And make no mistake, MBS is a project of the UAE — an odd turn of events given the relative sizes of the two countries. “Our relationship with them is based on strategic depth, shared interests, and most importantly the hope that we could influence them. Not the other way around,” Otaiba has said privately. For the past two years, Otaiba has introduced MBS around Washington and offered assurances of his commitment to modernizing and reforming Saudi Arabia, according to people who’ve spoken with him, confirmed by emails leaked by the group, Global Leaks. When confronted with damning headlines, Otaiba tends to acknowledge the reform project is a work in progress, but insists that it is progress nonetheless, and in MBS resides the best chance of the region.
“I don’t think we’ll ever see a more pragmatic leader in that country. Which is why engaging with them is so important and will yield the most results we can ever get out of saudi,” Otaiba said in one representative note. “I think MBS is far more pragmatic than what we hear is saudi public positions [sic].”
In an email to Washington Post columnist David Ignatius, Otaiba laid out his thinking clearly while thanking him for a column.
Thank you for taking the time to go out there and meet with MBS. As someone who knows the region well, it looks from how you wrote this piece, that you are beginning to see what we’ve been saying for the last two years. Change!
Change in attitude, change in style, change in approach.
I think we would all agree these changes in saudi are much needed. So i’m relieved to find you saw what we’ve been seeing and frequently trying to convey. Your voice and your credibility will be a huge factor in getting reasonable folks to understand and believe in whats happening.
Our job now, is to [do] everything possible to ensure MBS succeeds.
In an unusual move, Saudi Arabia even recently hired the UAE’s longtime public-relations firm, the Harbour Group, run by Otaiba’s friend Richard Mintz. Richard Clarke, most well known for his public apology to 9/11 victims for the intelligence failure, was brutal in his criticism of Saudi Arabia in the wake of the attack. An Otaiba friend, he is now chair of the MEI’s board and has personally lobbied Saudi Arabia for funding, walking out of the Saudi embassy with a $500,000 check. Michael Petruzzello, the longtime Washington hand for Saudi Arabia, is also on the MEI board.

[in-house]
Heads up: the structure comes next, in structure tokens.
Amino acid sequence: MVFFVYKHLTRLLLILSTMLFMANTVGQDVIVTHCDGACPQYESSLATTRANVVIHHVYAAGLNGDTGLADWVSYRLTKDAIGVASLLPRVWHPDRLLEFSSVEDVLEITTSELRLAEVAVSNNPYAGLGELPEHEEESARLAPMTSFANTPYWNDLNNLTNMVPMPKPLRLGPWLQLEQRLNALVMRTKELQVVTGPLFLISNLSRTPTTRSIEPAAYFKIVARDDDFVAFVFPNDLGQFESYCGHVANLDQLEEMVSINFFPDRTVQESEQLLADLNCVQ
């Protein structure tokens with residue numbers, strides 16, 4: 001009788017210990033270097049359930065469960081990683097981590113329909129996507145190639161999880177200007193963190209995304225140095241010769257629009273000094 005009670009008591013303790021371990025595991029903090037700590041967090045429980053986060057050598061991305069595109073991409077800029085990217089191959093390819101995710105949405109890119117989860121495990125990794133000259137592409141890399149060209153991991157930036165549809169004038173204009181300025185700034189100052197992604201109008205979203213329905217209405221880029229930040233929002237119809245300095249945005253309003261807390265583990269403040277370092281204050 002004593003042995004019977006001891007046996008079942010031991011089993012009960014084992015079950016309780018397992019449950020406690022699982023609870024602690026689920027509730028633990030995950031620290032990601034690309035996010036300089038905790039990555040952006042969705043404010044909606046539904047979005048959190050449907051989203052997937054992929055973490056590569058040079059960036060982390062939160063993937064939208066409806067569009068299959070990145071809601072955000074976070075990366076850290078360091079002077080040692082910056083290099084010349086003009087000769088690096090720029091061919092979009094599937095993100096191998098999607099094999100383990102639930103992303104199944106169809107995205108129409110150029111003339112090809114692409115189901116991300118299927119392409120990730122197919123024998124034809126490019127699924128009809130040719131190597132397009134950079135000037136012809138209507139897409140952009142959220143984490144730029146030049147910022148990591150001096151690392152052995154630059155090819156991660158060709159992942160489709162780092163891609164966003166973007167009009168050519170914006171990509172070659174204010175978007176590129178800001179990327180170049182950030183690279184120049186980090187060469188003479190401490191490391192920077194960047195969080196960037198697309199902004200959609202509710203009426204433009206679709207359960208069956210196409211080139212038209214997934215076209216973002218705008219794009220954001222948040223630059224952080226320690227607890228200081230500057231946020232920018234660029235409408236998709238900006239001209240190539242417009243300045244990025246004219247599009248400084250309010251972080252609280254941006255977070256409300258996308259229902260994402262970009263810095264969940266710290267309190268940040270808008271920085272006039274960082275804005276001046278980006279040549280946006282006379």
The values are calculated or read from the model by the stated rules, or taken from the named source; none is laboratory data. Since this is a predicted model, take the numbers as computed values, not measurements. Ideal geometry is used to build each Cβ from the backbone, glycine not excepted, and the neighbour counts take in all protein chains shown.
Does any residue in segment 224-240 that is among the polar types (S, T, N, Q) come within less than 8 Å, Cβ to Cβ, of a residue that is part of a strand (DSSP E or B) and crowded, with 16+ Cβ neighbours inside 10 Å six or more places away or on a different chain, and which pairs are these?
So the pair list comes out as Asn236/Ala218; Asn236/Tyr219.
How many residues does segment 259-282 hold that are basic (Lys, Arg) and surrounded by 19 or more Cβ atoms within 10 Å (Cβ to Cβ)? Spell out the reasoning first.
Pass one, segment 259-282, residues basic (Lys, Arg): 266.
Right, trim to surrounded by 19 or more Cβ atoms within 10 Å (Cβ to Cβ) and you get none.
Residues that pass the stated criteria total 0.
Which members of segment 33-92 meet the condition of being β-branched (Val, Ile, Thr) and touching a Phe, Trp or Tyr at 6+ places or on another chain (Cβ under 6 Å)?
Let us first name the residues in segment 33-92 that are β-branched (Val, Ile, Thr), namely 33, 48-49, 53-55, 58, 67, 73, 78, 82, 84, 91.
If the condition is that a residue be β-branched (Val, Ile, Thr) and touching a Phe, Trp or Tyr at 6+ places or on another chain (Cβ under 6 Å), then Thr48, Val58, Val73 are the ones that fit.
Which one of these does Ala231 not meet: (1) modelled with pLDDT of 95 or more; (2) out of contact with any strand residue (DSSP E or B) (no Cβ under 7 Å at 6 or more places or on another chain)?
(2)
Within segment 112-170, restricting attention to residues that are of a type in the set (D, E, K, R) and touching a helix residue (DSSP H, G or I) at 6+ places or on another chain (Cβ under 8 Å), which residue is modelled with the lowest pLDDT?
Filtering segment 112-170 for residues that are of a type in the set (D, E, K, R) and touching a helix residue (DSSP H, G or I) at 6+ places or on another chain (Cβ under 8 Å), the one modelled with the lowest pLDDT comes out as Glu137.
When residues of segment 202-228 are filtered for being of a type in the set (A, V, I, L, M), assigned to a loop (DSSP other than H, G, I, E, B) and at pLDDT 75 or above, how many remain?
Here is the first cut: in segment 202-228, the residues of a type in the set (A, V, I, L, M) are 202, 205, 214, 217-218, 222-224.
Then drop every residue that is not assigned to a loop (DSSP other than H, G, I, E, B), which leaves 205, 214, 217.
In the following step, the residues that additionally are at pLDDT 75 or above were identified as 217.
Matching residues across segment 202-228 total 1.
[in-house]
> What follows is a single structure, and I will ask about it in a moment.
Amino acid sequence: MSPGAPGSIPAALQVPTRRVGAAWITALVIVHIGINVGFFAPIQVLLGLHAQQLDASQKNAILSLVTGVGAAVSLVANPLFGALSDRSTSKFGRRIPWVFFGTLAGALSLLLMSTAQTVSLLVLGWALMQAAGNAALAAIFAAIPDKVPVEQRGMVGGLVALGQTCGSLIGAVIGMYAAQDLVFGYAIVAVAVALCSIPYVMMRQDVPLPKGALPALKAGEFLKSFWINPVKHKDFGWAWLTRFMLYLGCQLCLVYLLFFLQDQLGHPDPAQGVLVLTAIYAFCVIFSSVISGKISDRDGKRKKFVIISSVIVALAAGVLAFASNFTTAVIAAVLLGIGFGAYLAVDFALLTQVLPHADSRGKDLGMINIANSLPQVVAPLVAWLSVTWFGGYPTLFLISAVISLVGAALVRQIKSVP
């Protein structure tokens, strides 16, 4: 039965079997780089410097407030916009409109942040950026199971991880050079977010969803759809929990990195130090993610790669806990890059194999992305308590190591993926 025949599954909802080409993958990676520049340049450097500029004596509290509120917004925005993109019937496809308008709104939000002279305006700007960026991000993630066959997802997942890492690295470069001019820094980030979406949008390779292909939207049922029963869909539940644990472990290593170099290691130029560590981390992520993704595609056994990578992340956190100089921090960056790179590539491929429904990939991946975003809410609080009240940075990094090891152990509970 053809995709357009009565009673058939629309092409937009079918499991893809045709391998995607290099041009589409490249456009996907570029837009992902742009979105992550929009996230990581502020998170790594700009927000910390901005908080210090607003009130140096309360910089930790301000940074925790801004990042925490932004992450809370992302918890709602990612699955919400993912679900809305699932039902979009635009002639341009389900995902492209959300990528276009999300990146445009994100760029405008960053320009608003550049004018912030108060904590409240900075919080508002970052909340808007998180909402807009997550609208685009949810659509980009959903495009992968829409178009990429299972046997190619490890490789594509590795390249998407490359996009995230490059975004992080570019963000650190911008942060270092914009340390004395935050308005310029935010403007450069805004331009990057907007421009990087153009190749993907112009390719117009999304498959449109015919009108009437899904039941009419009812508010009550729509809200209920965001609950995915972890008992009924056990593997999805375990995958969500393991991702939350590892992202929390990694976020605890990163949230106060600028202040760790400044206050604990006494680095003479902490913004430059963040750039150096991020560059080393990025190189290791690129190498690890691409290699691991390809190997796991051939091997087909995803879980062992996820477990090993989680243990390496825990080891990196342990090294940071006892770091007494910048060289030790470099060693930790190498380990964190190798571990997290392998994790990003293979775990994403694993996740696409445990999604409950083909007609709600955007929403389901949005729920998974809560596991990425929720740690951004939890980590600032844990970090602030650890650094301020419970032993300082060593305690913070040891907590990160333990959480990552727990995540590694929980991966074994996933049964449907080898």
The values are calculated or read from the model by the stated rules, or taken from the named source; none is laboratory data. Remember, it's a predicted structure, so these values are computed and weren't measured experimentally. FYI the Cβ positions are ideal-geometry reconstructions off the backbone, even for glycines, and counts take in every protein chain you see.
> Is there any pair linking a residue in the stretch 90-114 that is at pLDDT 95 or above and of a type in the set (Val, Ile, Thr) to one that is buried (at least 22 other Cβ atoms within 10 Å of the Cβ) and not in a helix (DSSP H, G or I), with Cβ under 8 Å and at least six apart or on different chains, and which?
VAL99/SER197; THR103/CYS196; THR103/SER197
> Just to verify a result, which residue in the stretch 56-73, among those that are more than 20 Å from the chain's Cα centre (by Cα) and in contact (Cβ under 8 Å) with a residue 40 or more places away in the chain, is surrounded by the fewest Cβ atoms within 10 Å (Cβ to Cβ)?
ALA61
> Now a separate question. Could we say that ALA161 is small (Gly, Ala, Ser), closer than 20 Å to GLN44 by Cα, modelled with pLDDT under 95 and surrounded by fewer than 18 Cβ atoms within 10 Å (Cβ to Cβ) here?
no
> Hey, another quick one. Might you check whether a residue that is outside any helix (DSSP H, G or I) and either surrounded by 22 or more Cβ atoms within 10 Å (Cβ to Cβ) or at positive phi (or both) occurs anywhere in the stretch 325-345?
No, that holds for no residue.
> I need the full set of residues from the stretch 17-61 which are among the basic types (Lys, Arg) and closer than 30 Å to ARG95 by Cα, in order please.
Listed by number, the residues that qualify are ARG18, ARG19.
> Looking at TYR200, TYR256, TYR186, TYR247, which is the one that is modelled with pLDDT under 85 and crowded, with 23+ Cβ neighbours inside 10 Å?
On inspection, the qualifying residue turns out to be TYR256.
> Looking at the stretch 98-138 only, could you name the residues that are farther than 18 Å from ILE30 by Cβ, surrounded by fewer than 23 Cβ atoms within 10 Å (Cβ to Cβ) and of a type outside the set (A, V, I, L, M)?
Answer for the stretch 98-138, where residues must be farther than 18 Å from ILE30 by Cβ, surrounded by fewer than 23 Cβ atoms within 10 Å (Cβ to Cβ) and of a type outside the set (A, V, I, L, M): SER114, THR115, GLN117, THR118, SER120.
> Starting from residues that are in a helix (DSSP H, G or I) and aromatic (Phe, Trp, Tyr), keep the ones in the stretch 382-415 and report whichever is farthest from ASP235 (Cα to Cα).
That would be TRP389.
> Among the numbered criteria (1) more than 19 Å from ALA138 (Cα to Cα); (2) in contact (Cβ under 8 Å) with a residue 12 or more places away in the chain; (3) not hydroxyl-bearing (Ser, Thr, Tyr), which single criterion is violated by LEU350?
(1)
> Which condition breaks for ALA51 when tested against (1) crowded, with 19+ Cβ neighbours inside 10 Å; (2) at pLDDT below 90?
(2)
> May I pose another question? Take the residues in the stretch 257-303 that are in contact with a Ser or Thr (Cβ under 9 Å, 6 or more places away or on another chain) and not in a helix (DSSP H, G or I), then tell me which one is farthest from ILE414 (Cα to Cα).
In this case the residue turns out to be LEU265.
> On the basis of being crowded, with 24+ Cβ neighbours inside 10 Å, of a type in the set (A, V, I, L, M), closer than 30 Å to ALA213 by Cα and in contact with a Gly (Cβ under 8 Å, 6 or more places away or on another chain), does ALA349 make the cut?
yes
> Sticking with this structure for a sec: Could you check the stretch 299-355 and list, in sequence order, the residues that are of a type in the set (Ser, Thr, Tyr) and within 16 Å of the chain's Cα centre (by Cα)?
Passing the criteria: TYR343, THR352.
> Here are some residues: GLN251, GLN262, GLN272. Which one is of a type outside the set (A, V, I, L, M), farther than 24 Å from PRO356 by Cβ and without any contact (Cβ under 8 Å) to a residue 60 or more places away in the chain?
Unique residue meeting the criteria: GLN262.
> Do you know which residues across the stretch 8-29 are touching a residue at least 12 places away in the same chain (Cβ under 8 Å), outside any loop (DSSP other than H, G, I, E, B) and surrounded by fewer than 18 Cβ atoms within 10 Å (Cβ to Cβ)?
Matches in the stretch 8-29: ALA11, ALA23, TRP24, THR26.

Gulf countries that are family-run dynasties tend to produce the same kind of family rivalries seen the world over. In Abu Dhabi, Crown Prince Mohammed bin Zayed, Otaiba’s mentor and boss who is known as MBZ, has long detested Mohammed bin Nayef, who was in line for the Saudi throne, going so far as to publicly call him a monkey. MBZ and Otaiba saw MBS as the way to derail bin Nayef, and exert control over the larger country by elevating the junior prince.
The campaign worked and was largely cheered in Washington.
Scholars at the think tanks that are backed with Saudi and UAE money say they pride themselves on their ability to speak and write freely, and bristle at any suggestion that the funding corrupts the intellectual product.
That claim has always been dubious, but the next few days will put it to the test in a way it never has been tested before.